is not operator — consisting of two keywords
not — tests if the left and right operands refer to a different object—in which case it returns
True. It returns
False if they refer to the same object. For example, the expression
[1, 2, 3] is not [1, 2, 3] returns
True because although both lists are equal, they are two different objects in memory.
>>> lst_1 = [1, 2, 3] >>> lst_2 = [1, 2, 3] >>> lst_1 is not lst_2 True >>> lst_1 != lst_2 False
The difference between the ‘
is not‘ and ‘
!=‘ operators is that ‘
is not‘ compares the object reference of two objects whereas ‘
!=‘ compares the semantic equality of two objects.
Python has two identity operators:
is not. They are used to check if two values or variables reside at the same memory location, i.e., refer to the same object in memory. However, if two variables are equal, this doesn’t imply that they are identical. For example, two lists
[1, 2, 3] and
[1, 2, 3] may be different objects (not identical) but they’re equal in value.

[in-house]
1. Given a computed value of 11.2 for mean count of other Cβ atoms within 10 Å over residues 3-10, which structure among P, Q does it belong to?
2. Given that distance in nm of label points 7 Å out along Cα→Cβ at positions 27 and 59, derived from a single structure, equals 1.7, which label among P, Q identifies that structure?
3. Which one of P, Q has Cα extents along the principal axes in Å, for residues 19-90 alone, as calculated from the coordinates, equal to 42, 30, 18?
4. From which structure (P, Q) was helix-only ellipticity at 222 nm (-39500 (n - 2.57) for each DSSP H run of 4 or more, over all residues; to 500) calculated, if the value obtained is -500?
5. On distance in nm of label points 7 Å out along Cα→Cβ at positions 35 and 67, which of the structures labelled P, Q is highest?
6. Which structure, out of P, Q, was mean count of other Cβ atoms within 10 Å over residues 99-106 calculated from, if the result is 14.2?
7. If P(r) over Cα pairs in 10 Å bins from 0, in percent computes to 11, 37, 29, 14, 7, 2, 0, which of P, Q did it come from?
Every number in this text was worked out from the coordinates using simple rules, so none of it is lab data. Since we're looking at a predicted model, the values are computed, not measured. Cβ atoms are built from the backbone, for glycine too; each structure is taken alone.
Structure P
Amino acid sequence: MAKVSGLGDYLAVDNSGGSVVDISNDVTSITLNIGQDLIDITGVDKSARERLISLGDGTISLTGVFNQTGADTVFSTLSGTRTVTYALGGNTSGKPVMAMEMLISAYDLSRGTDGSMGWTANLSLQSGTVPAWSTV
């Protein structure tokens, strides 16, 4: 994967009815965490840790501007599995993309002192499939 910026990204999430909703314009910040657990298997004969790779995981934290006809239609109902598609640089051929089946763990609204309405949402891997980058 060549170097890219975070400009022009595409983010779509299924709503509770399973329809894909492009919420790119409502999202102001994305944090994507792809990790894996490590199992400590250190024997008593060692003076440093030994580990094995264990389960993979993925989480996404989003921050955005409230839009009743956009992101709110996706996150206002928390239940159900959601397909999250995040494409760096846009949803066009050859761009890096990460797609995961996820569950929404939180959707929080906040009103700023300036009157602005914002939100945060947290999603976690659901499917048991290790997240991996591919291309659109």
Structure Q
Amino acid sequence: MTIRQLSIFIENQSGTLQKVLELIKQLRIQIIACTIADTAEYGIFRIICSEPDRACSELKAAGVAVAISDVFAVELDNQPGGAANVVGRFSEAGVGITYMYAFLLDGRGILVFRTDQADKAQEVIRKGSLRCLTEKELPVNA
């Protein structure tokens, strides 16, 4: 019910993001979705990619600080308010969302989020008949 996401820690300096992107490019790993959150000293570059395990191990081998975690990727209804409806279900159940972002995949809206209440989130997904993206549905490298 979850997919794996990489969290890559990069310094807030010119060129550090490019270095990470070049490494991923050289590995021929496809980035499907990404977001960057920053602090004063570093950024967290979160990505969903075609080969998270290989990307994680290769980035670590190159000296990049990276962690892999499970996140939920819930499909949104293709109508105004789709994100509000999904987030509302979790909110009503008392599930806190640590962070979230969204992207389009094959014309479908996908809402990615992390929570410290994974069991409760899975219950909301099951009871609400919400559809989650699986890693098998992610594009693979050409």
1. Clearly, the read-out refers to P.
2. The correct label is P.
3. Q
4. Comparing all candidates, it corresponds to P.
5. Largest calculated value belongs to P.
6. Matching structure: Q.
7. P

Where to Go From Here?
Enough theory, let’s get some practice!
To become successful in coding, you need to get out there and solve real problems for real people. That’s how you can become a six-figure earner easily. And that’s how you polish the skills you really need in practice. After all, what’s the use of learning theory that nobody ever needs?
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While working as a researcher in distributed systems, Dr. Christian Mayer found his love for teaching computer science students.
To help students reach higher levels of Python success, he founded the programming education website Finxter.com. He’s author of the popular programming book Python One-Liners (NoStarch 2020), coauthor of the Coffee Break Python series of self-published books, computer science enthusiast, freelancer, and owner of one of the top 10 largest Python blogs worldwide.
His passions are writing, reading, and coding. But his greatest passion is to serve aspiring coders through Finxter and help them to boost their skills. You can join his free email academy here.